(My thanks to IntLawGrrls for the opportunity to contribute this Look On! guest post about my film, War Don Don)
In the summer of 2006 I sat behind bulletproof glass in Freetown, in the observer gallery of the Special Court for Sierra Leone, an international war crimes "hybrid tribunal," created jointly by the United Nations and the government of Sierra Leone. At the time I was working not as a filmmaker, but as a law student and legal intern for a defense team. I was assigned to work on the case of Alex Tamba Brima, among three members of the rebel Armed Forces Revolutionary Council charged with crimes against humanity and war crimes stemming from the 1990s civil war in that West African country.
Yet I found myself drawn to observe the trial of the leader of a different warring faction.
From my seat in the gallery of the trial involving members of the Revolutionary United Front, I first observed Issa Sesay, a former rebel leader accused of crimes against humanity and a key player in the peace negotiations – and I was fascinated by the range of roles that one man could assume amidst the intensity of such a brutal conflict. I also came to know lawyers on both the prosecution (including prosecuted by Stephen J. Rapp, who since has become the U.S. Ambassador-at-Large for War Crimes Issues) and the defense. They were some of the brightest and most passionate advocates I have ever met.
I became convinced that the story of Sesay's trial needed to reach a larger audience. Combining my legal experience in criminal defense with my background as a filmmaker, I realized that a documentary film could communicate the complexities of Sesay's rise and fall from power – and its implications for a country still reeling from the horrors of civil war.
The result is War Don Don, an 86-minute film that has won awards at festivals and that, as detailed in the post above, will air this this week on HBO2. War Don Don tells the story of Sesay (depicted in the poster above right), whom prosecutors said is a war criminal, guilty of heinous crimes against humanity, and whom defenders said was a reluctant fighter who protected civilians and played a crucial role in bringing peace to Sierra Leone. (poster credit) The film puts international justice on trial, and finds that in some cases the past is not just painful, it is also opaque.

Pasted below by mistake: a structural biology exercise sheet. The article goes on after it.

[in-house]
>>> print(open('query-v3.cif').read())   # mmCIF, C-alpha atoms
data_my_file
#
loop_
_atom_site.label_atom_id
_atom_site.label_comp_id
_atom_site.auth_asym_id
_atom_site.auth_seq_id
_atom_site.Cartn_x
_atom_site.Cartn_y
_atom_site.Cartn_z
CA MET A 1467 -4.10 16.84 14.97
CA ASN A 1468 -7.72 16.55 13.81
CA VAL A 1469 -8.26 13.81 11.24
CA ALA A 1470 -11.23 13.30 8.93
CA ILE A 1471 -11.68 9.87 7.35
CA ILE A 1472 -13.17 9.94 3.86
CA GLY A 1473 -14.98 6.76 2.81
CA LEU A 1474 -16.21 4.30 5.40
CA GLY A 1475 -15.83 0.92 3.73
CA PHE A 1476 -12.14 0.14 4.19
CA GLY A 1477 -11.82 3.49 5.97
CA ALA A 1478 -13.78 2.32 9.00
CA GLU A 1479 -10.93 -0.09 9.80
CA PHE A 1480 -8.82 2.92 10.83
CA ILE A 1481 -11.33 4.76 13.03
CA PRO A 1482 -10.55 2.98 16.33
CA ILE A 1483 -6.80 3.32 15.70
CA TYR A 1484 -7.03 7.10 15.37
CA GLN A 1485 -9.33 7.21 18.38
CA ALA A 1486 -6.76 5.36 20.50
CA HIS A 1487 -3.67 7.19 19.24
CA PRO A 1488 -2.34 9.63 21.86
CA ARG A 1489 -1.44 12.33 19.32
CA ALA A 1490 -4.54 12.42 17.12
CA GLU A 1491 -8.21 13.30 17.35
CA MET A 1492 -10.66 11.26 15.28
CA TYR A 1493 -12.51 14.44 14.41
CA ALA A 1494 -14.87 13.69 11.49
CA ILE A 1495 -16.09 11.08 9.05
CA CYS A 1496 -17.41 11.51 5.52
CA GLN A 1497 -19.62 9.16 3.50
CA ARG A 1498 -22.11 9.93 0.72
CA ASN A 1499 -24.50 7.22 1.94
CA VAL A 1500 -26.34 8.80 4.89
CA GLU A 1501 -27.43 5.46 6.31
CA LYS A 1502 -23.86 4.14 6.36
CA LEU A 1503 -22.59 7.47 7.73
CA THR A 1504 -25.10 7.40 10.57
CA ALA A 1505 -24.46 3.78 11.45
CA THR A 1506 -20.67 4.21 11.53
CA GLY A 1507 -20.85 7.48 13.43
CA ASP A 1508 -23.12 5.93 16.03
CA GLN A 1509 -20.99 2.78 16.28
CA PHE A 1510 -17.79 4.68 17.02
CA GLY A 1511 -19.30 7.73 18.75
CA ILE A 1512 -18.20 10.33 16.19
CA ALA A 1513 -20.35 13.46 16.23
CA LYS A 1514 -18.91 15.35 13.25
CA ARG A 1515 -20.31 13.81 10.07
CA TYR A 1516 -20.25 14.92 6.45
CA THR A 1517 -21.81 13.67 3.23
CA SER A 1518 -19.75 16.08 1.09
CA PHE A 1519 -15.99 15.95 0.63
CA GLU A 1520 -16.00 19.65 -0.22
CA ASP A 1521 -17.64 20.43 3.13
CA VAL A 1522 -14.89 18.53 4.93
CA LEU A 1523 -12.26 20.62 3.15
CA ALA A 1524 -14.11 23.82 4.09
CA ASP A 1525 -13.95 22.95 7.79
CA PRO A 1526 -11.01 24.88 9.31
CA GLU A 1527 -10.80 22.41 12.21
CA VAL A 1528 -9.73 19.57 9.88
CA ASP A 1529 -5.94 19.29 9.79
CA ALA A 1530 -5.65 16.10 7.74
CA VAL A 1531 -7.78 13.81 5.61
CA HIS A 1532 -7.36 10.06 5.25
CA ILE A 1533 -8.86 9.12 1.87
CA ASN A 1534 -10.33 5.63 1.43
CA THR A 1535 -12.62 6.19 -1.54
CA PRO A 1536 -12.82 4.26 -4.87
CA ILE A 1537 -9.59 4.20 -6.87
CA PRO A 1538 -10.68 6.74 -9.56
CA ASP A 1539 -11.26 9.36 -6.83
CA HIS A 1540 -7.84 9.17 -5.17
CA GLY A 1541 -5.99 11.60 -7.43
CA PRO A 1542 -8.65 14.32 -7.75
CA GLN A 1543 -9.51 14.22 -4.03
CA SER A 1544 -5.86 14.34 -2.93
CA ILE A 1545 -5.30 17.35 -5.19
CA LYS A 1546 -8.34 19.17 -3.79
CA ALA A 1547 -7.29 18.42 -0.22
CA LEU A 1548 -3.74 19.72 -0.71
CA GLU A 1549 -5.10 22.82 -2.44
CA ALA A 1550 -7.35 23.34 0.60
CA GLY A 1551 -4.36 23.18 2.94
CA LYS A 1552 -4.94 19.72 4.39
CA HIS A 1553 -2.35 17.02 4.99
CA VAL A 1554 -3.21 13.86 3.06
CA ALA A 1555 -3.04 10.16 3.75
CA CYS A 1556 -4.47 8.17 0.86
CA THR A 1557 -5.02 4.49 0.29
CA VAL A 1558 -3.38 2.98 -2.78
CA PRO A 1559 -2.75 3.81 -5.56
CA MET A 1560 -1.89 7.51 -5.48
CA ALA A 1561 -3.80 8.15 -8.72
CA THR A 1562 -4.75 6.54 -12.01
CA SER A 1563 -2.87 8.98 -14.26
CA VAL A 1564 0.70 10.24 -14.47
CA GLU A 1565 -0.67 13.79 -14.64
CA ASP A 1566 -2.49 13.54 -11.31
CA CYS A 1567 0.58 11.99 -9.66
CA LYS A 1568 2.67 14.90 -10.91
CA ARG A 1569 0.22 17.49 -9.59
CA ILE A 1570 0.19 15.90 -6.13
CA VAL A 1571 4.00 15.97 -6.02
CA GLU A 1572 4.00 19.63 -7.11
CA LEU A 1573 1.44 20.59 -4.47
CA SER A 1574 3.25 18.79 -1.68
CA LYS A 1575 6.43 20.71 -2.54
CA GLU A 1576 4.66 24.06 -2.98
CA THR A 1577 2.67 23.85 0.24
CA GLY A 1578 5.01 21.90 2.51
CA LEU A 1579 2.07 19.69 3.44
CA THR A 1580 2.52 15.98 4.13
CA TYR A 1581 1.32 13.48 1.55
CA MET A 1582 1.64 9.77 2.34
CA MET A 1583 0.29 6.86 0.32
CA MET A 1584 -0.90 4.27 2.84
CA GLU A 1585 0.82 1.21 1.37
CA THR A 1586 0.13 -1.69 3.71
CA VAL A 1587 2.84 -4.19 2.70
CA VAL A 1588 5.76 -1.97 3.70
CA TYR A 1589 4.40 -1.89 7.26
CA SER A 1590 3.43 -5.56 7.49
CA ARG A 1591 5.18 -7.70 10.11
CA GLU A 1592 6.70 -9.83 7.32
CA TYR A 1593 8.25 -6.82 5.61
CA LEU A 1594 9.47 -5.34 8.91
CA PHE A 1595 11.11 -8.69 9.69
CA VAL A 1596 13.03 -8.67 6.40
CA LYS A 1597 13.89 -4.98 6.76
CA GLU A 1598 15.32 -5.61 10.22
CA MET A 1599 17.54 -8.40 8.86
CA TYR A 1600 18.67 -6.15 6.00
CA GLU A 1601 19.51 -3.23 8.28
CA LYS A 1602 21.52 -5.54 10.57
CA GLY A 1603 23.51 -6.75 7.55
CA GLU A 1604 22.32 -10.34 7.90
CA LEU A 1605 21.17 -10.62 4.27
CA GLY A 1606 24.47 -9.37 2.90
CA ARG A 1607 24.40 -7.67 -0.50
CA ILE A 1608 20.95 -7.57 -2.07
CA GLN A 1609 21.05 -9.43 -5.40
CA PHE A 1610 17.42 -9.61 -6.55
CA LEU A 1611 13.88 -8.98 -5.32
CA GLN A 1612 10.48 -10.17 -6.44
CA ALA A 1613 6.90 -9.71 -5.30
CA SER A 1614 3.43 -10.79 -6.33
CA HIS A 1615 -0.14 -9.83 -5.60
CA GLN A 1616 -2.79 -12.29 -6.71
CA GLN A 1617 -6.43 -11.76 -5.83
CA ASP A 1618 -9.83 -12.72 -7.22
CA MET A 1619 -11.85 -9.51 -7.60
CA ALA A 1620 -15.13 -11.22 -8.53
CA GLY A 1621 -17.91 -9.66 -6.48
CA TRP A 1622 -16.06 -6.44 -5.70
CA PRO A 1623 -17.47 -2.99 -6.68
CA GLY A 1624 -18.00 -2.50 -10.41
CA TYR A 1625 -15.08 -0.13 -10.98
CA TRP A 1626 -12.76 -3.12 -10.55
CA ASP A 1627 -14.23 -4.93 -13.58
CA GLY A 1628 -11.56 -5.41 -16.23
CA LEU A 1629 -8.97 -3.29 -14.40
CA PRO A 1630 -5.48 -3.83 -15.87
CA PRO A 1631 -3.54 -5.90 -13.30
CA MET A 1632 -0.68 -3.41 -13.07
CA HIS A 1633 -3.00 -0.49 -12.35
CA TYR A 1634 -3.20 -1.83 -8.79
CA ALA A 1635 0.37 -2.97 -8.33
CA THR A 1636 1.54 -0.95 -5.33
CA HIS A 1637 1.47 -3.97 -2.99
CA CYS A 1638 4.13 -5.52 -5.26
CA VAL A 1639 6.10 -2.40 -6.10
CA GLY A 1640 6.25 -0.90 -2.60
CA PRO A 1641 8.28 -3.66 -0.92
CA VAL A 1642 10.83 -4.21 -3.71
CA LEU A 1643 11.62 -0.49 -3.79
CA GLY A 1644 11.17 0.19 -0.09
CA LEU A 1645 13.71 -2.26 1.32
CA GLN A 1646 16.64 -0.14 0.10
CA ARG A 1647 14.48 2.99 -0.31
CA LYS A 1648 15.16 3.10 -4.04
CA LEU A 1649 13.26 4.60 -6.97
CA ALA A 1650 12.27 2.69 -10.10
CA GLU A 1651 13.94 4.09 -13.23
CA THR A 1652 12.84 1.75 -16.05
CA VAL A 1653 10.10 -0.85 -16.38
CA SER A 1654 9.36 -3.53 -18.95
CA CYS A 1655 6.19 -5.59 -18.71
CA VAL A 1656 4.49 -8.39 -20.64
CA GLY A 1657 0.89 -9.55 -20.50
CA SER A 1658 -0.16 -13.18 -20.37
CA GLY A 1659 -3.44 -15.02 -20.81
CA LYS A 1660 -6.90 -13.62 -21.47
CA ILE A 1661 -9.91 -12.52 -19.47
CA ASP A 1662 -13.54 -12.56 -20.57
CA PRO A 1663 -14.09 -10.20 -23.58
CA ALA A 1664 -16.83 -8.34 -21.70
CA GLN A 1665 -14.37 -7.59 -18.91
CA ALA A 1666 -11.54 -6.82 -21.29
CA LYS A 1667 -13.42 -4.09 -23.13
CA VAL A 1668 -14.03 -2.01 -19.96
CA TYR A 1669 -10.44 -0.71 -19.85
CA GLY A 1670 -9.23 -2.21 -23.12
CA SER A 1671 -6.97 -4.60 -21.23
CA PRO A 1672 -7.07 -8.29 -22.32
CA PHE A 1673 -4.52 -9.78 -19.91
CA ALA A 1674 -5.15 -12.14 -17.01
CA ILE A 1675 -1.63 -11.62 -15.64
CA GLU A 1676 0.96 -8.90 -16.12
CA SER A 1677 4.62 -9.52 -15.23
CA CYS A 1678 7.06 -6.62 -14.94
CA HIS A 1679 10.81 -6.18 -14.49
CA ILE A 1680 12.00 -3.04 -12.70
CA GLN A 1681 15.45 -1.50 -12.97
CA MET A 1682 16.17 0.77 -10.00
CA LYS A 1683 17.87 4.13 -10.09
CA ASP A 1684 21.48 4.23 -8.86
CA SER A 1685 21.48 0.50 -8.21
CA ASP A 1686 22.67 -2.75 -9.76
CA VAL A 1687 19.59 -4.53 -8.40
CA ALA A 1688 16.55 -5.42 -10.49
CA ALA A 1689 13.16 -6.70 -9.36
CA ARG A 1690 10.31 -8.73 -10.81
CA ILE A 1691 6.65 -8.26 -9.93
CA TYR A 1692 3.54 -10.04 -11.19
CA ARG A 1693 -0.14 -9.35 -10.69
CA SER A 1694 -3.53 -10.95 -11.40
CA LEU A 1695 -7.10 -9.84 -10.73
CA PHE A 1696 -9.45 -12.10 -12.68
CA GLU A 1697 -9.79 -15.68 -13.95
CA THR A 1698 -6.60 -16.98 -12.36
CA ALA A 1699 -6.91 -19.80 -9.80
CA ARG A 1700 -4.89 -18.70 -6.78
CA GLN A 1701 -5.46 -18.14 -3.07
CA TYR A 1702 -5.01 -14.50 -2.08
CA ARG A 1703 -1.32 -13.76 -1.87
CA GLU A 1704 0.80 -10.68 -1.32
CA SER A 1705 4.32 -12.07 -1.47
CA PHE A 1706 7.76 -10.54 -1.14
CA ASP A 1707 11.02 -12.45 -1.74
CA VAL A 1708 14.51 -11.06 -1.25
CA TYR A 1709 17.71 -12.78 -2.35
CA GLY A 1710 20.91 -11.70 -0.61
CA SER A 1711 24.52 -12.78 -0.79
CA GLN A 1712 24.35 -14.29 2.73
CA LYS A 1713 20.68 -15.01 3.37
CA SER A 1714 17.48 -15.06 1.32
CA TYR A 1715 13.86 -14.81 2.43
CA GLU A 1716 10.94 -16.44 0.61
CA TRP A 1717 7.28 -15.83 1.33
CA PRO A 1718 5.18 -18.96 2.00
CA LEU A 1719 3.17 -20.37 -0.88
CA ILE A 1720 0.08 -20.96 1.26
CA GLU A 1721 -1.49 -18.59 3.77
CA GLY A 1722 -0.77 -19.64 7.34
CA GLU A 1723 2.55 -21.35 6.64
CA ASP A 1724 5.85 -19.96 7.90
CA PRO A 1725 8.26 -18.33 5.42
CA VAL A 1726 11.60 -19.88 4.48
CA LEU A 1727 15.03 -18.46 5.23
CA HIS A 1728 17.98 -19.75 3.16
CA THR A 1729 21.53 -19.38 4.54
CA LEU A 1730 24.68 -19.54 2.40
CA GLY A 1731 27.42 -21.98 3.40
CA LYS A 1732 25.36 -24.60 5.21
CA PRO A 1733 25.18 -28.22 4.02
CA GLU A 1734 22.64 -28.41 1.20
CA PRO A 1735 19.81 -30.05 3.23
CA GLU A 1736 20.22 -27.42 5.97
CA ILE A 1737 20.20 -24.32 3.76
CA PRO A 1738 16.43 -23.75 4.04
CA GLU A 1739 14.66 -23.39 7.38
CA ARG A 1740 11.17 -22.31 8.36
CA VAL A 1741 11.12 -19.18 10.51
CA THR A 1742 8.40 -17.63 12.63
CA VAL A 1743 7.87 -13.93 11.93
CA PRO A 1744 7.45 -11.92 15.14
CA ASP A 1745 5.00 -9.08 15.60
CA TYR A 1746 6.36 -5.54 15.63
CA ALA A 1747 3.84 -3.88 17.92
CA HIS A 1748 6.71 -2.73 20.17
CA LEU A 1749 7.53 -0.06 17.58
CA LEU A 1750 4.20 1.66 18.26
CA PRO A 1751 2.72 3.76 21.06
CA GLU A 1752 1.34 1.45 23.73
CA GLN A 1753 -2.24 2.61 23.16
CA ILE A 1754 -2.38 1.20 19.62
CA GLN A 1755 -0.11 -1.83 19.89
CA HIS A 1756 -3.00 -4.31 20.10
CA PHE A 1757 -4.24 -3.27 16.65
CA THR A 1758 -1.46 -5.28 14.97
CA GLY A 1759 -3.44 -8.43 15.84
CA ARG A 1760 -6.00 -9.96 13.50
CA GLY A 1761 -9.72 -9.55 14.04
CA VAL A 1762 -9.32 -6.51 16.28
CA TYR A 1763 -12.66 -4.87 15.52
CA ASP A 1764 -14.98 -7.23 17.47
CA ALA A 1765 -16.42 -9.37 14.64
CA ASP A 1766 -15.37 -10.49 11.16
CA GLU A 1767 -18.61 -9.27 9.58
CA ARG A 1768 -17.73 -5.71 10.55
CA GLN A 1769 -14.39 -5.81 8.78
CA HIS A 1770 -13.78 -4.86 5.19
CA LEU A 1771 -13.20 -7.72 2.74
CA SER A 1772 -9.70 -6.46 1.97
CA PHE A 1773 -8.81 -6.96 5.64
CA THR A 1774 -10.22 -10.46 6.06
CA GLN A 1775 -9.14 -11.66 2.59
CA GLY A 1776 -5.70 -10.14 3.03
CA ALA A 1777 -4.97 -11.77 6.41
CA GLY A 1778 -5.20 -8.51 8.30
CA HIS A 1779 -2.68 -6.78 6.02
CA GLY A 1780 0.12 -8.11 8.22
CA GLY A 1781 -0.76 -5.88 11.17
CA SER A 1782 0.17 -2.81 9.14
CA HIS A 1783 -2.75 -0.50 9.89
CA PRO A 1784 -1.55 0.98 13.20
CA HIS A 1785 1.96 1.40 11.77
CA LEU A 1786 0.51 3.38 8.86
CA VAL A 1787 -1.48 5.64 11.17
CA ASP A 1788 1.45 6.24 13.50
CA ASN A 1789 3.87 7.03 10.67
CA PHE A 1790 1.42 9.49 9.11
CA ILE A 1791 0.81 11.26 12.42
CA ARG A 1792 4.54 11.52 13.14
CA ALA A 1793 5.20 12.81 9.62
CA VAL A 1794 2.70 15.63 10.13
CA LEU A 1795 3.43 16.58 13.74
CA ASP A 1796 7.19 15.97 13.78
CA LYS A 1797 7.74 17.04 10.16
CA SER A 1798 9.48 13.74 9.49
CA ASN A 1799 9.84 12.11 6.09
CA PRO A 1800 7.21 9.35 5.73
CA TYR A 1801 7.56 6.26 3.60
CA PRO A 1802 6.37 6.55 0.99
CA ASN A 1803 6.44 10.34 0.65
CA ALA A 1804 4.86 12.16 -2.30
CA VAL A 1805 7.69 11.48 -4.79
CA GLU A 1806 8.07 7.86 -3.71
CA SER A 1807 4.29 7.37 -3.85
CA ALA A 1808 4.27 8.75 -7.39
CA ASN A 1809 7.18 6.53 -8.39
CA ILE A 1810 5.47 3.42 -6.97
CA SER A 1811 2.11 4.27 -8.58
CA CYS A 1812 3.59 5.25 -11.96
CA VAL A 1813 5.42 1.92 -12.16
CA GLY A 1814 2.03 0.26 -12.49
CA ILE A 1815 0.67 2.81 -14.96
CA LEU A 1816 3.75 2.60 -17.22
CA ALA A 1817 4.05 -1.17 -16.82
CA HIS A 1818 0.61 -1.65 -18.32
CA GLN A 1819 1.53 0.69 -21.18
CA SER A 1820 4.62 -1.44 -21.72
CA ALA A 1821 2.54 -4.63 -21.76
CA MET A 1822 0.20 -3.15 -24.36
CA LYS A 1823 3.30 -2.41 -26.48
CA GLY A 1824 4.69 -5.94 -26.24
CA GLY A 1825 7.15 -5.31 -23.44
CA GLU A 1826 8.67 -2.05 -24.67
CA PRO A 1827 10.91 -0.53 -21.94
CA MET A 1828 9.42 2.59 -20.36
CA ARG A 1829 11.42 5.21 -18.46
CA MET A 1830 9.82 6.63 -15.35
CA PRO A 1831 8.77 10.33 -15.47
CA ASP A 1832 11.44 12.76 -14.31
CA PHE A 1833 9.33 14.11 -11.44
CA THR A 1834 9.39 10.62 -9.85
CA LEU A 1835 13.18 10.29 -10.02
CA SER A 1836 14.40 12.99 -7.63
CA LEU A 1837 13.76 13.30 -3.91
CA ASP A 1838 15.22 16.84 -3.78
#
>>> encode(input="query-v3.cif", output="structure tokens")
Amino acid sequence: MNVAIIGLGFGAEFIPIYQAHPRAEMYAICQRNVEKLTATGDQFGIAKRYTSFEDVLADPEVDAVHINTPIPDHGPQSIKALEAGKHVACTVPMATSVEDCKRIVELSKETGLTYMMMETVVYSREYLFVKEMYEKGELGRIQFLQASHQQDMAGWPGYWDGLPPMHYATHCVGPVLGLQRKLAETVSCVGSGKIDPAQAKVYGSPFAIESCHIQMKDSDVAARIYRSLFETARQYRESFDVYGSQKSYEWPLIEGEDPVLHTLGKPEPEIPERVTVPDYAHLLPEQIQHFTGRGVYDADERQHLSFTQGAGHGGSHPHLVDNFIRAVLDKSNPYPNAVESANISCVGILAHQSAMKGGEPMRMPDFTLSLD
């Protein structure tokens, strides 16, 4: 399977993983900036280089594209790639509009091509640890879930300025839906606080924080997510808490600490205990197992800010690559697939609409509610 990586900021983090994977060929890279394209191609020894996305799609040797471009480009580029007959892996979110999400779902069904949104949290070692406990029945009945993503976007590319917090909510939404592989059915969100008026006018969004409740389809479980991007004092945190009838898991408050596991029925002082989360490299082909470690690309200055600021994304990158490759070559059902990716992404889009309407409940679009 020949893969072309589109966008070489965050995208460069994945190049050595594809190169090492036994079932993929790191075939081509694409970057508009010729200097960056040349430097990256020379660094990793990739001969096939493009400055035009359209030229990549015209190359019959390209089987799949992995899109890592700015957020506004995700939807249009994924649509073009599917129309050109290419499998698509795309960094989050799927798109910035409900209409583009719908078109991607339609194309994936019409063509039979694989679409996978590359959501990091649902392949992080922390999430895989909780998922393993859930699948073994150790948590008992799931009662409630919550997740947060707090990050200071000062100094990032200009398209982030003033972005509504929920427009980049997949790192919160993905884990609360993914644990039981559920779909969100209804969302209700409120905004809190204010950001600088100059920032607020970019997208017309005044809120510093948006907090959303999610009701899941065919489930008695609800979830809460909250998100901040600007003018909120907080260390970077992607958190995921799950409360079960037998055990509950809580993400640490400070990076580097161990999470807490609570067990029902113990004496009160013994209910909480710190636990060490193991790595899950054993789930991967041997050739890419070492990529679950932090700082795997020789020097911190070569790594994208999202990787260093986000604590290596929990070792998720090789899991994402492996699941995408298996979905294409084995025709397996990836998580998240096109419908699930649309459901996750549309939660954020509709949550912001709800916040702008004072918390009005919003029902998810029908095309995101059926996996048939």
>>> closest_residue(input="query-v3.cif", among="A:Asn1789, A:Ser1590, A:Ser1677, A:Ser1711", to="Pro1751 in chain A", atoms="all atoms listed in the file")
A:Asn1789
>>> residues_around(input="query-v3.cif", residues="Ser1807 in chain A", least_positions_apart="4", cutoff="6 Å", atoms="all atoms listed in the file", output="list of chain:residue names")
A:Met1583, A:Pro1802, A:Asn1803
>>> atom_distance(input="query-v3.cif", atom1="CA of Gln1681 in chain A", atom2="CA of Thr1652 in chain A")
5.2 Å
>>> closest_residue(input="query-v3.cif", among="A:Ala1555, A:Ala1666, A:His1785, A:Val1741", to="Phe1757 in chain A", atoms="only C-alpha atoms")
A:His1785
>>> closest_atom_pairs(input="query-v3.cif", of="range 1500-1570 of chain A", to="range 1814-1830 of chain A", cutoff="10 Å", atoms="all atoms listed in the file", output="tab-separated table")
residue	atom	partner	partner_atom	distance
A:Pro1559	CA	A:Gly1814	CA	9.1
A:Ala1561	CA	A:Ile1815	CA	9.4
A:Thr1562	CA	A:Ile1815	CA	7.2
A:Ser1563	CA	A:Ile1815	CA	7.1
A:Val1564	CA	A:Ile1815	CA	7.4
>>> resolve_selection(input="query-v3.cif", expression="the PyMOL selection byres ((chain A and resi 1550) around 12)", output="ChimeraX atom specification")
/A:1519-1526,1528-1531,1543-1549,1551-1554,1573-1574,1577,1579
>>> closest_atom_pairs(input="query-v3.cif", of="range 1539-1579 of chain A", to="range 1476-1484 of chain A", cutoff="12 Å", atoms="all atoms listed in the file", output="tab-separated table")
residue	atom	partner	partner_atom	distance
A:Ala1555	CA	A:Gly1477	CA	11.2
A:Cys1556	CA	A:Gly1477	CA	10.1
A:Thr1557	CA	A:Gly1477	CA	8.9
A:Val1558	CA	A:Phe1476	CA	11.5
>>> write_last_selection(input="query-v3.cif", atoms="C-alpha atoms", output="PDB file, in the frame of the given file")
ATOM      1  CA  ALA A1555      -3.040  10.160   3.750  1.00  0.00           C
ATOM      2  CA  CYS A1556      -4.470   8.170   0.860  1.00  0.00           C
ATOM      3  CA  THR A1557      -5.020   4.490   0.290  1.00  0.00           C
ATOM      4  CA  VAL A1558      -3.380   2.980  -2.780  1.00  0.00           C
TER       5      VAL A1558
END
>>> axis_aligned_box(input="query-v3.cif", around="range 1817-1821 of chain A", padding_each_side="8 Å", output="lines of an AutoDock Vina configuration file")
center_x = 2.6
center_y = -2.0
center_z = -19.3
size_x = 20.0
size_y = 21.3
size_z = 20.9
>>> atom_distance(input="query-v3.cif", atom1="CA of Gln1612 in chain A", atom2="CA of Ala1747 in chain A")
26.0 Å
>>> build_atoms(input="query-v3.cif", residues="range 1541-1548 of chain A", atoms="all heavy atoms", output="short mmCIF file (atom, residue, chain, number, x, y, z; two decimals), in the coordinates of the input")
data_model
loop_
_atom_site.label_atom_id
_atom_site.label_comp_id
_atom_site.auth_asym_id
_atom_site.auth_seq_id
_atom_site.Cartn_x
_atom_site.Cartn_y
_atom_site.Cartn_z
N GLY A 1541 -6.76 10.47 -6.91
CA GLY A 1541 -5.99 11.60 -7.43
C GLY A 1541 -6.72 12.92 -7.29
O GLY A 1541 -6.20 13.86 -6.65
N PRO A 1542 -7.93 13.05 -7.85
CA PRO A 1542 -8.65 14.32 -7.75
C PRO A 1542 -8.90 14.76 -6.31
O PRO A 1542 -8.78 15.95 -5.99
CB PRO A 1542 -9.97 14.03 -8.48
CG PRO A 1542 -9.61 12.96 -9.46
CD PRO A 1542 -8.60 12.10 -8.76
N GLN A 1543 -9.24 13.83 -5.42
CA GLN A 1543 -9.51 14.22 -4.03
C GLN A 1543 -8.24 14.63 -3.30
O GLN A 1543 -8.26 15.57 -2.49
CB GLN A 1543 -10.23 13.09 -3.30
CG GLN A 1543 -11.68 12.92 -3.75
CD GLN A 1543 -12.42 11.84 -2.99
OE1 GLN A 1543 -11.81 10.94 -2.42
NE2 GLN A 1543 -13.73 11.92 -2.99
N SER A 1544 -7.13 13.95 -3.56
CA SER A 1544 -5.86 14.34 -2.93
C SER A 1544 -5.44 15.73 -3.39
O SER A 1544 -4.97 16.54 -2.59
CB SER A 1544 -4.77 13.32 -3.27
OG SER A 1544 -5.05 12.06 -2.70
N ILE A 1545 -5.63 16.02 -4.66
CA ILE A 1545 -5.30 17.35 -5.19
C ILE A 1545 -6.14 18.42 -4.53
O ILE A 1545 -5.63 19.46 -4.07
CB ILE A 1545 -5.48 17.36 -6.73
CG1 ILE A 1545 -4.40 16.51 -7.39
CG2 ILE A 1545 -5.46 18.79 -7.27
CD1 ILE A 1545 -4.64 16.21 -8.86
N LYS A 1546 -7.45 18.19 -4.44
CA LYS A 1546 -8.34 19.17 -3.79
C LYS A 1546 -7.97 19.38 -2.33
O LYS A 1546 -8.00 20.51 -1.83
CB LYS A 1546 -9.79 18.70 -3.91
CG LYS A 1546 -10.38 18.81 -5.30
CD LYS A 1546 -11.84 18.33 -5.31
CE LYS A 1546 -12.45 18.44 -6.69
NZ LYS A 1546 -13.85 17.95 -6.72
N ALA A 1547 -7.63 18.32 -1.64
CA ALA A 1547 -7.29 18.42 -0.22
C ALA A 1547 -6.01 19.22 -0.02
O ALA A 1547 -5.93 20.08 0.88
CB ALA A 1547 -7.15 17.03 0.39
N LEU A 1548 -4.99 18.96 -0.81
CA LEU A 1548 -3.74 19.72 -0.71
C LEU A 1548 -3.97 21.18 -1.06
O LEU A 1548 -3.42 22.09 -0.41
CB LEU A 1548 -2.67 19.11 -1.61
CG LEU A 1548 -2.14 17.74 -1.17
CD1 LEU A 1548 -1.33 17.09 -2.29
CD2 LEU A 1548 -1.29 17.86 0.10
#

During the process of editing, we frequently made reference to Akira Kurosawa's Rashomon (1950); that is, to the ideas that
► Film (and trials) can put multiple narratives in tension;
► Truth can be unsettled;
► Perception influences memory; and
► Historical fact may be hard to prove, particularly in a trial.
On that note, we were also inspired by Andrew Jarecki's film Capturing the Friedmans (2003), which reminded that the idea that truth can be elusive, that people can play many different roles in the same story, and that no human being can be entirely defined by the horrible things that he or she may have done.
I knew we were done editing when different people took away different things from the film, when the film acted like a Rorschach test of sorts. Different audiences will come to their own conclusions – one of the greatest joys of documentary filmmaking is the debate that arises from having to sort through the tensions within and between conflicting stories.
I hope audiences enjoy having some of their assumptions tested and coming to examine their own reactions to controversial issues.